In this article, we’ll explore what concierge medicine is and how it differs from DPC. Keep reading to learn the key anomalies between these two distinct benefits.
What is Direct Primary Care?
We discussed this in more depth in our recent posts, but let’s refresh your memory. DPC is a healthcare option where participants pay a “retainer” to their physician rather than paying fees after receiving service (as it is in traditional insurance paid healthcare models).
The DPC retainer covers well visit as well as those that are illness related, as well as a laundry list of additional services that may be needed in patients.
What is Concierge Medicine?
Concierge Medicine was created in the mid 1990s, so it’s been around a bit longer than DPC. This practice is another “subscription” medical service where participants pay a regular fee (it may be monthly, annually, or quarterly – but monthly is most typical) to receive medical services.
These services include same-day appointments, round-the-clock support (via phone and email), and even house calls in some cases. This service can be quite costly, depending on the practice and the services offered – costing up to $30,000 a month in extreme cases.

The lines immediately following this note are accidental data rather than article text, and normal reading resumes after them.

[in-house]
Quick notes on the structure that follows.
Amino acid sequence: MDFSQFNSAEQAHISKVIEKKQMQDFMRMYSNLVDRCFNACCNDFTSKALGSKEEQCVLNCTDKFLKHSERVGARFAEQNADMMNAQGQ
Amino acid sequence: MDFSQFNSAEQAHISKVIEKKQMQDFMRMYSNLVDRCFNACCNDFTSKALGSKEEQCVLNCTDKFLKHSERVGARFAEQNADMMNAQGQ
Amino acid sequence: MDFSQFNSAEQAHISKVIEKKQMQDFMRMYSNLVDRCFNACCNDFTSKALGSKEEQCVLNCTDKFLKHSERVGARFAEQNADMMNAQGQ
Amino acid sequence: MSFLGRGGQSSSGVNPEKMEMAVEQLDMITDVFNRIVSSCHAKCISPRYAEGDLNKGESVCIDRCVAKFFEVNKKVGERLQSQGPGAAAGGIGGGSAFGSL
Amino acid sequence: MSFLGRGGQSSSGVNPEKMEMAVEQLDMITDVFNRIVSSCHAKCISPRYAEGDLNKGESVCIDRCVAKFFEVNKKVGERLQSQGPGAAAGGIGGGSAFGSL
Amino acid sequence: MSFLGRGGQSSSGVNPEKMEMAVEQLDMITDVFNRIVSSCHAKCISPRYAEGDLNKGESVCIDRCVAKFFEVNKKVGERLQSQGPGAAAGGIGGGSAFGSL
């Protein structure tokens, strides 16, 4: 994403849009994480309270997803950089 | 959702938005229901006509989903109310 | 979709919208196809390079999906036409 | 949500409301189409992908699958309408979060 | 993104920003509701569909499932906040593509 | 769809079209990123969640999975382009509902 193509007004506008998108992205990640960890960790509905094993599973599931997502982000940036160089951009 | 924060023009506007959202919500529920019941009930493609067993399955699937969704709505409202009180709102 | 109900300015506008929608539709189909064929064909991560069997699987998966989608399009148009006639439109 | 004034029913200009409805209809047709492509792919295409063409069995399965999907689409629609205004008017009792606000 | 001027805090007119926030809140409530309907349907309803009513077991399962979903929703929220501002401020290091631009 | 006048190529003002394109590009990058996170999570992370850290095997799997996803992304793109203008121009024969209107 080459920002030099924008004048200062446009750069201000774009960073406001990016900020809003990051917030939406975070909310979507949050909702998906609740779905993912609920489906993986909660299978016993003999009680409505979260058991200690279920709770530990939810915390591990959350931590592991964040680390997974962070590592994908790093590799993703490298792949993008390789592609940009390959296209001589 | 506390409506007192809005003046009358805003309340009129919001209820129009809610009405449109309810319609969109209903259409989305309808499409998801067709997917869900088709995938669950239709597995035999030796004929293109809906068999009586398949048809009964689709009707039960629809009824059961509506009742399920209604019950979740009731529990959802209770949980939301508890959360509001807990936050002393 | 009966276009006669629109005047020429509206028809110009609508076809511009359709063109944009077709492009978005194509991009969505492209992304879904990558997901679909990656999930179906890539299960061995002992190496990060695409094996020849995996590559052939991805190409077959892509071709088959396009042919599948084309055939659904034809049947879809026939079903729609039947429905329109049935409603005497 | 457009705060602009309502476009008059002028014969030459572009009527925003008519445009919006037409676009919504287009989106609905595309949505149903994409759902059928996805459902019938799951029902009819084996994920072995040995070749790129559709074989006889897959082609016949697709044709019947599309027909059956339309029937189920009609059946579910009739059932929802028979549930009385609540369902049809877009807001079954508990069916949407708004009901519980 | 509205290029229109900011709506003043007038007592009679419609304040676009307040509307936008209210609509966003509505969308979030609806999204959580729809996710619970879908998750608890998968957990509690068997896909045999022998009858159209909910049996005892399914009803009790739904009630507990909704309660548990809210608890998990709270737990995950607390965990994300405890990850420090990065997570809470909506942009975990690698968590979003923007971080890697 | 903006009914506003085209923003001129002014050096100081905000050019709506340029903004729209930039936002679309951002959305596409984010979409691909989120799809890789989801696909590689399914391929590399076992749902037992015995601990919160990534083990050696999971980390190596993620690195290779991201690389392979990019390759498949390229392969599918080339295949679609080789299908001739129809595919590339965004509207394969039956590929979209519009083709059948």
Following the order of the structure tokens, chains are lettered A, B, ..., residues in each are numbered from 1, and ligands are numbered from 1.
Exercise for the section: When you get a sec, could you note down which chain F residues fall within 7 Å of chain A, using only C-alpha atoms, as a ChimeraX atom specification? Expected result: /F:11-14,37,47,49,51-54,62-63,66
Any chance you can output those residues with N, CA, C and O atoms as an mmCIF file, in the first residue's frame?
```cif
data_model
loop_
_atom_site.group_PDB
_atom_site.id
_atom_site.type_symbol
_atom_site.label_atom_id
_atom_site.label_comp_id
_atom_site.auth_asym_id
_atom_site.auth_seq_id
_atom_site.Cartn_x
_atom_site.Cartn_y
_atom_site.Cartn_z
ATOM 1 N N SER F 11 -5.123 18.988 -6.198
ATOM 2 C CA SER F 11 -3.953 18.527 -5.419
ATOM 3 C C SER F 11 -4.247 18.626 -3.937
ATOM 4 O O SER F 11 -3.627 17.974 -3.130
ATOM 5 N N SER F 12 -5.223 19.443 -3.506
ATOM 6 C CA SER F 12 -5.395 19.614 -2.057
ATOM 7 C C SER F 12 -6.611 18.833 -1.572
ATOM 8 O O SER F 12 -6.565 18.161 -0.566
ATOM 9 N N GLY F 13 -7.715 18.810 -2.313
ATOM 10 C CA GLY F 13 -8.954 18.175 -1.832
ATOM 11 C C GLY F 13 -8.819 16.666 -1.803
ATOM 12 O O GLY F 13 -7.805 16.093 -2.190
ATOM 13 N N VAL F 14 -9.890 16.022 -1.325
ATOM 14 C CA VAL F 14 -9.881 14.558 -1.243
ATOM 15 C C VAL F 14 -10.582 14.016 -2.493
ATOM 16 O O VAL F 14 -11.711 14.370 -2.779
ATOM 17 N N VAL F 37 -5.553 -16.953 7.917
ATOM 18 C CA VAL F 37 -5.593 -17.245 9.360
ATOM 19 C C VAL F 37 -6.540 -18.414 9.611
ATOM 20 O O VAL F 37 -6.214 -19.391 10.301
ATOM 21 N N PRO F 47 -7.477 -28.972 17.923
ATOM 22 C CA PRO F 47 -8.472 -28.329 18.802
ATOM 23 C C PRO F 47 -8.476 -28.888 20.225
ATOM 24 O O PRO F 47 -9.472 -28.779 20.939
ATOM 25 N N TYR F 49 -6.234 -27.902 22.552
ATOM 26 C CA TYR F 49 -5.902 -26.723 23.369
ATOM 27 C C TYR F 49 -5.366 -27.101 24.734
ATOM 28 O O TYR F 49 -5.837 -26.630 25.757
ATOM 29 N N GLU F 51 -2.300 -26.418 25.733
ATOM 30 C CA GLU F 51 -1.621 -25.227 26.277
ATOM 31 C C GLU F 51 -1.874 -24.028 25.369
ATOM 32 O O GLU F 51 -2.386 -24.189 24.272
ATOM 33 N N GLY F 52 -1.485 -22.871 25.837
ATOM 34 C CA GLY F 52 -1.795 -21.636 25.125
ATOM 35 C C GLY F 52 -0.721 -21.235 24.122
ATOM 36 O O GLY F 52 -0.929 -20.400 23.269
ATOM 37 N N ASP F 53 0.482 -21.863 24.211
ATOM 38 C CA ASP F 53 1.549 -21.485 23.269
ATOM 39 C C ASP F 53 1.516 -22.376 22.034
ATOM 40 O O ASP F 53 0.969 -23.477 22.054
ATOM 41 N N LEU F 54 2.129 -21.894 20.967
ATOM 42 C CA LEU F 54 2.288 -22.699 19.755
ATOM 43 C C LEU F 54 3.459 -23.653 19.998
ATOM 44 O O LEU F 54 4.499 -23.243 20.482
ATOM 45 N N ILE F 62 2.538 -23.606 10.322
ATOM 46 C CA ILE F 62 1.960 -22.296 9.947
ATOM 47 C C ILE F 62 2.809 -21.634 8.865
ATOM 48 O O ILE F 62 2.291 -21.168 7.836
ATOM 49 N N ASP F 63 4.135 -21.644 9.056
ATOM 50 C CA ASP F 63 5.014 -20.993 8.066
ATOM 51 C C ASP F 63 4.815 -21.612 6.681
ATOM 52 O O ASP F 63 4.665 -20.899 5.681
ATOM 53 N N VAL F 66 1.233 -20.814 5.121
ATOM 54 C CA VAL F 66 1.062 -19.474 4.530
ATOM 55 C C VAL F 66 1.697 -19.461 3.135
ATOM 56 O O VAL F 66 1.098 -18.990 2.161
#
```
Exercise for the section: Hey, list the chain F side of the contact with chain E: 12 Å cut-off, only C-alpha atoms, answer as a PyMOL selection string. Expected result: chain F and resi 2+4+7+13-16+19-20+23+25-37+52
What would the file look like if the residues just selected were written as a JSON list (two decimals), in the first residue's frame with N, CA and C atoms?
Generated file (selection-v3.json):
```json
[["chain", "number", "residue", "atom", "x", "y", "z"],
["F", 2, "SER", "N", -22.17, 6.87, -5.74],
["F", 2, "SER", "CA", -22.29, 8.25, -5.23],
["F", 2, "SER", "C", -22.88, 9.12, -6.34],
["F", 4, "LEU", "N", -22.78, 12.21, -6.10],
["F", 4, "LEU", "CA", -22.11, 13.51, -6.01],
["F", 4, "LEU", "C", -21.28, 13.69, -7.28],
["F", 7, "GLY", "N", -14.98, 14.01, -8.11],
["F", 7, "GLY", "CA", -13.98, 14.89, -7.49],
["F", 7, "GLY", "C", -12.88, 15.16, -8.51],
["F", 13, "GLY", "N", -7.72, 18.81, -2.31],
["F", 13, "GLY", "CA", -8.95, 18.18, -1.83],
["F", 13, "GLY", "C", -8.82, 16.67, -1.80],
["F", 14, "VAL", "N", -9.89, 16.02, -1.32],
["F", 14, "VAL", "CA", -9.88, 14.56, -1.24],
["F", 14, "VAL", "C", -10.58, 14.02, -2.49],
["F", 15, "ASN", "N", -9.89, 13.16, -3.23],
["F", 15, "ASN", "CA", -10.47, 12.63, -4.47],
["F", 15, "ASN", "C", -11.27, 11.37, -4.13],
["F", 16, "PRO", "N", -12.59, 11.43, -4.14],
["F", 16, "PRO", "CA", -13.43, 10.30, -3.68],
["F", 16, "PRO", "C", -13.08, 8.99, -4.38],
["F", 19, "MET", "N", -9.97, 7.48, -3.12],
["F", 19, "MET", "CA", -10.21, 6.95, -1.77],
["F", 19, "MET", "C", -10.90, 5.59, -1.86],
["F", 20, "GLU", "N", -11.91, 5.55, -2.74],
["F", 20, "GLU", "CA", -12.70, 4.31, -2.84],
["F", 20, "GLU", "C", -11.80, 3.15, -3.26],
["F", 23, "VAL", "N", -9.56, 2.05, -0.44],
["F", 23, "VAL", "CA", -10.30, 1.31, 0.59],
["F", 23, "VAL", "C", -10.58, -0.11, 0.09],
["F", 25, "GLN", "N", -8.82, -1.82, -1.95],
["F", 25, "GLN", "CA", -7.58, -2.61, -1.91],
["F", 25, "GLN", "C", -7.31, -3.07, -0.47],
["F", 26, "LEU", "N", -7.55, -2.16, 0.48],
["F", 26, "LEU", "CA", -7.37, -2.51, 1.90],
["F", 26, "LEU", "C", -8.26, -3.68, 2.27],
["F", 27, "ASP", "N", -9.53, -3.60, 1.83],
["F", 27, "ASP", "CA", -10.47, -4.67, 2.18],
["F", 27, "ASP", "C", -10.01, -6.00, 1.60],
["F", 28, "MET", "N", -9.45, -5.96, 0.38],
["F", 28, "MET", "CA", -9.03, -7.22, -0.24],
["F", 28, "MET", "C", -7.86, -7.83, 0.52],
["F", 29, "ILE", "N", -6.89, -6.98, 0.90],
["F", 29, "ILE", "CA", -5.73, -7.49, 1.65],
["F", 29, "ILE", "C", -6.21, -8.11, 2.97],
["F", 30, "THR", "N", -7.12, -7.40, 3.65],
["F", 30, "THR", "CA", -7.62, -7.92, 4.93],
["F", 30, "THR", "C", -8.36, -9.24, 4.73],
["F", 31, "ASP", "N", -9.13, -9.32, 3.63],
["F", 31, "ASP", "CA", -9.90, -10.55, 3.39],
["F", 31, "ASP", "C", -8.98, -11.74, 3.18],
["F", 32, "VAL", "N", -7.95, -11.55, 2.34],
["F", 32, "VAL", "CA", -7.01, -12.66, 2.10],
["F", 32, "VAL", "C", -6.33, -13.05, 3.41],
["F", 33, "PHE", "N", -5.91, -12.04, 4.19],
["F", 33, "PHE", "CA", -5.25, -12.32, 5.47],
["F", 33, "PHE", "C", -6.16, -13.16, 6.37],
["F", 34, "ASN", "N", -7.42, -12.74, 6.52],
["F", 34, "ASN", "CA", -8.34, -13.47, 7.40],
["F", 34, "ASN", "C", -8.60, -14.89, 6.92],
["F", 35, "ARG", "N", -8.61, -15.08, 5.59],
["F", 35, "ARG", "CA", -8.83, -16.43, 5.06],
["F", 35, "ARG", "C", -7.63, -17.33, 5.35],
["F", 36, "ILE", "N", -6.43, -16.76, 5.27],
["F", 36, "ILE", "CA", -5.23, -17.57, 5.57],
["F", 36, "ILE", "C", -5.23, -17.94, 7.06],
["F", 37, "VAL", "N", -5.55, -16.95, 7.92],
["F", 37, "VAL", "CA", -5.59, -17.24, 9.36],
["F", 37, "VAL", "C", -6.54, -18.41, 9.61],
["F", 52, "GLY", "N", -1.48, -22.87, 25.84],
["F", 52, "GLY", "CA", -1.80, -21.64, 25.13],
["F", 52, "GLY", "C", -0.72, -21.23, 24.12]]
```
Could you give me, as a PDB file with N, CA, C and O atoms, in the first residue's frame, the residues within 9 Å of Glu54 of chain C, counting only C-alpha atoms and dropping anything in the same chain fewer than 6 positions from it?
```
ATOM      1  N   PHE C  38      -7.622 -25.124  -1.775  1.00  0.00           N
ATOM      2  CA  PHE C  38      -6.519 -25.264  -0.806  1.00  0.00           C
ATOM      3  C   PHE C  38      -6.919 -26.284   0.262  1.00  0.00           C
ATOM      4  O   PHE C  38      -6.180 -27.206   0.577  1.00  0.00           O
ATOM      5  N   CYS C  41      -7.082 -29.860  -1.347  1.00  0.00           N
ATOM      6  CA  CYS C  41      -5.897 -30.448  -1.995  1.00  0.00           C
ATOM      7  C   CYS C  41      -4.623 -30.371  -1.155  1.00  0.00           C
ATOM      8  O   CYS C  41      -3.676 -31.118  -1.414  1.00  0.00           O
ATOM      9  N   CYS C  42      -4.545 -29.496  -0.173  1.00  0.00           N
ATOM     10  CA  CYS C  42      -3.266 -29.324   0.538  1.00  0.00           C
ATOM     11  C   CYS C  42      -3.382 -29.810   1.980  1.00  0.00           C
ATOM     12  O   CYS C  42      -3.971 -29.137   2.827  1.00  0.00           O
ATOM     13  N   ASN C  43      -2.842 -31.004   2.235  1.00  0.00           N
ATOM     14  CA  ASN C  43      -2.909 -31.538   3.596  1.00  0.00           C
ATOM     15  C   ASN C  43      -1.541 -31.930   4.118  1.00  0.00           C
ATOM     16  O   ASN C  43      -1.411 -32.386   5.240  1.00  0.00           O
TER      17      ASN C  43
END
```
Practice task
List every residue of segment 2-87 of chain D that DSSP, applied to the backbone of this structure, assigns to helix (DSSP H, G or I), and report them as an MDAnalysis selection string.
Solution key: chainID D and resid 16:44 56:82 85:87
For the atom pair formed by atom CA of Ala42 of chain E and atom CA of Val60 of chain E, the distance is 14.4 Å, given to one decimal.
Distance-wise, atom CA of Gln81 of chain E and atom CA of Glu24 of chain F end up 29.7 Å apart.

On a more typical basis, the fees are about $200 a month for participants.
The physicians that participate in concierge medicine limit the number of patients their practice accepts in order to keep wait times down and appointment availability open for patients, much like that of DPC practices.
However, with concierge medicine, the “access fee” referenced above applies to “non-covered” services and serves to give members membership to the practice, while many other services are still billed through insurance.
This is in most cases, because it should be noted that select concierge practices do not bill via insurance providers.
Direct Primary Care vs. Concierge Medicine: The Distinction
While there are certain small differences between these two benefit options, the primary distinction is that concierge medicine practices typically bill through insurance providers for services.
DPC practices rely exclusively on the retainer payment from patients to cover their services, never billing fees through an insurance provider.
Concierge medicine practices – and their patients, for that matter – are subject to the premiums of insurance providers and still have fees imposed on them after certain visits, depending on what services they acquired as a result of their visit.
That means that concierge medicine does not operate via a “flat fare” like DPCs do, eliminating the benefit of patients not having to deal with insurance policies or unknown fees and bills.
With that, there is actually a sizable difference between these two services that people do not commonly realize until further examination of the benefit services.
We know that the world of benefits can be confusing to employers, so we are here as a knowledgeable and reliable resource to suit all of your employee benefit needs. Call us today to learn more!